Yet as ever there’s winning humour scattered throughout, with Shatner and DeForest Kelly getting most of the best dialogue (as usual; God, how we miss Kelly’s ‘Bones’). And we get our most visually enchanting look at the Vulcan homeworld; and the then-novel sight of Kirk and co arriving on a stolen Klingon Bird of Prey.
We may take it for granted now, but this film, more than ST:TPM, also reestablished the Klingons in the form that we’ve come to know them by (as opposed to the traditional version we knew from the sixties’ TOS); the Klingons that would be so prominent in The Next Generation and Deep Space Nine came to the fore first in The Search For Spock, as embodied by the bellicose Commander Kruge. It might even be argued that Christopher Lloyd’s take on Kruge set the standard all future characterisation of Klingons – something for which Lloyd should be given a lot of credit.
Curiously, the earliest ideas for the film had the Romulans and not the Klingons as the main villains, which would’ve been interesting; although it would’ve also had us miss out on a memorable performance.
Additionally, one of the most powerful links between the two films was the soundtrack; musically, just like emotionally, the two films have shared themes. And James Horner’s scores for the two films are utterly breathtaking, evocative and stirring (Jerry Goldsmith did most of the soundtrack work for other Star Trek films).
When we think of these two movies, the music is one of the primary elements that comes to mind; James Horner’s themes are the heartbeat, the pulse, of these films.
There are a few shortcomings; it was a shame Kirsty Alley couldn’t return as Saavik, even though Merritt Buttrick was reprised as Kirk’s son David. And it would’ve been good to have had Carol Marcus remain in the story. But we did get Christopher Lloyd’s entertaining Kruge; perhaps not as memorable as Ricardo Montalban’s Khan or Christopher Plummer’s later General Chang, but engaging nonetheless.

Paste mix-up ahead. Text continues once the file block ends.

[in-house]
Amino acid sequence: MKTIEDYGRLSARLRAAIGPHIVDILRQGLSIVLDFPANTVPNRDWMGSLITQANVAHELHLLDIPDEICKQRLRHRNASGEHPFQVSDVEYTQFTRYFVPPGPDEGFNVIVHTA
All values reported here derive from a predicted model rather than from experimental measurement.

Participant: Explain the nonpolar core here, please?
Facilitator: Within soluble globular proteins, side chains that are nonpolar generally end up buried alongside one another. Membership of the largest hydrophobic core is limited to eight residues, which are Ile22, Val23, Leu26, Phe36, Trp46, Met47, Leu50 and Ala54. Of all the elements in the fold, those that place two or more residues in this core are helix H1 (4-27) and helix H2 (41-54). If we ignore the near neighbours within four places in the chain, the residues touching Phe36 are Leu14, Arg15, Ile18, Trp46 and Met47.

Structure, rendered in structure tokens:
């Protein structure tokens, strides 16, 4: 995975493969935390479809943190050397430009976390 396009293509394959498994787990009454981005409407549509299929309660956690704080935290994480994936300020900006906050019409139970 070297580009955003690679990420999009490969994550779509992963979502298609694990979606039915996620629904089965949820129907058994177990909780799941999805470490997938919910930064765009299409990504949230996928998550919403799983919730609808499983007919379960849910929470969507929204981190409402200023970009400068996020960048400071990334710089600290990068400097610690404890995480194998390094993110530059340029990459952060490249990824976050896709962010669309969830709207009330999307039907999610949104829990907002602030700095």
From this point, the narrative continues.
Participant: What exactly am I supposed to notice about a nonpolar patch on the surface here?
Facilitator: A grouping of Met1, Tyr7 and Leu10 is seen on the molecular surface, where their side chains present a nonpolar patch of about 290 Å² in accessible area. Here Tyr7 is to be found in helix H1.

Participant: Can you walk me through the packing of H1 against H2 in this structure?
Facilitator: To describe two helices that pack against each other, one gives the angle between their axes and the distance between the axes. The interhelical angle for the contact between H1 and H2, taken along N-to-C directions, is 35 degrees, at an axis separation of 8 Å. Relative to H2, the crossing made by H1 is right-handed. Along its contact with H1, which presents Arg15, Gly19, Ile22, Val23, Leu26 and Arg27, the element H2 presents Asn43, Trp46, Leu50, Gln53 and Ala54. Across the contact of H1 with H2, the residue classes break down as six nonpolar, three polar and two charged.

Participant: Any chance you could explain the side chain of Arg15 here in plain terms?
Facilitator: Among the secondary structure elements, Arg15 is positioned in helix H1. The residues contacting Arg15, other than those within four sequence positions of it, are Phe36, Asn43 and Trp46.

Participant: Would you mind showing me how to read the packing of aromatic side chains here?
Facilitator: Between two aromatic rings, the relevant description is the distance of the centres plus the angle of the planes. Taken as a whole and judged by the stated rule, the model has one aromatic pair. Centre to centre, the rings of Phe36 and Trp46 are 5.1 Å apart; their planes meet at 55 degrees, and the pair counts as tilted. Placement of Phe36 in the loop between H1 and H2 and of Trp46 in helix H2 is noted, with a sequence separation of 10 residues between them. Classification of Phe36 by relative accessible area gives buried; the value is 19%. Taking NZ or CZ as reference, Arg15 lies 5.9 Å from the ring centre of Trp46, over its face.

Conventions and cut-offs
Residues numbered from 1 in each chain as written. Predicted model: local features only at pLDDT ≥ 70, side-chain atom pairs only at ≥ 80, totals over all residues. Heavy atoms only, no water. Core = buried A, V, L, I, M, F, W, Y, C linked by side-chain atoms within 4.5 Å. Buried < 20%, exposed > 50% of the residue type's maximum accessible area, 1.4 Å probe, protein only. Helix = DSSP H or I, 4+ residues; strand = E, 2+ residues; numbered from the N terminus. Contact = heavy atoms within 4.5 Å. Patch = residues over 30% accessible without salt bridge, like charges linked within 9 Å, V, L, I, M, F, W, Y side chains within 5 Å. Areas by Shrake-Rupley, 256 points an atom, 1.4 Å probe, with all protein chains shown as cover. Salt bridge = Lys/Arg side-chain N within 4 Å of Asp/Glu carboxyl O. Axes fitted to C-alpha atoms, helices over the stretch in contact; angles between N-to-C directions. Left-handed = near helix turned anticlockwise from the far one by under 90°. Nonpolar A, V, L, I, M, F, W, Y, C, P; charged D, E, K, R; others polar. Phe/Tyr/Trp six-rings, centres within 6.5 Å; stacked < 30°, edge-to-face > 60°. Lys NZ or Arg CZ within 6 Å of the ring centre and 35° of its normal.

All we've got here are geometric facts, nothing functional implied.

Sadly Merritt Buttrick died a few years later (at the age of 29); which makes watching David Marcus being singled out for death by the Klingons in the movie all the more poignant.
Star Trek III is generally considered less popular than both its predecessor and its follow-up film The Voyage Home; and also less commercially successful. However, it was competing with releases on the scale of Indiana Jones and the Temple of Doom and Ghostbusters at its time of release, and additionally any sci-fi release at that time was viewed in the shadow of the original Star Wars trilogy, with Return of the Jedi still fresh in cinema-goers memories.
I often wish I’d been older at the time those films were coming out; the sheer quality and longevity of some of the films being put out in those years is remarkable with hindsight. The Search For Spock is up there with the best of them, in my opinion.
Star Trek III was a potent entry in the vast Star Trek library.
I would personally place it after Star Trek II as the second best Star Trek movie; though, as I said, it’s difficult to separate the two films from one another.
The movie still tends to get overlooked though when people talk about the Star Trek film franchise; hence this post – time for it to be properly included in the debate.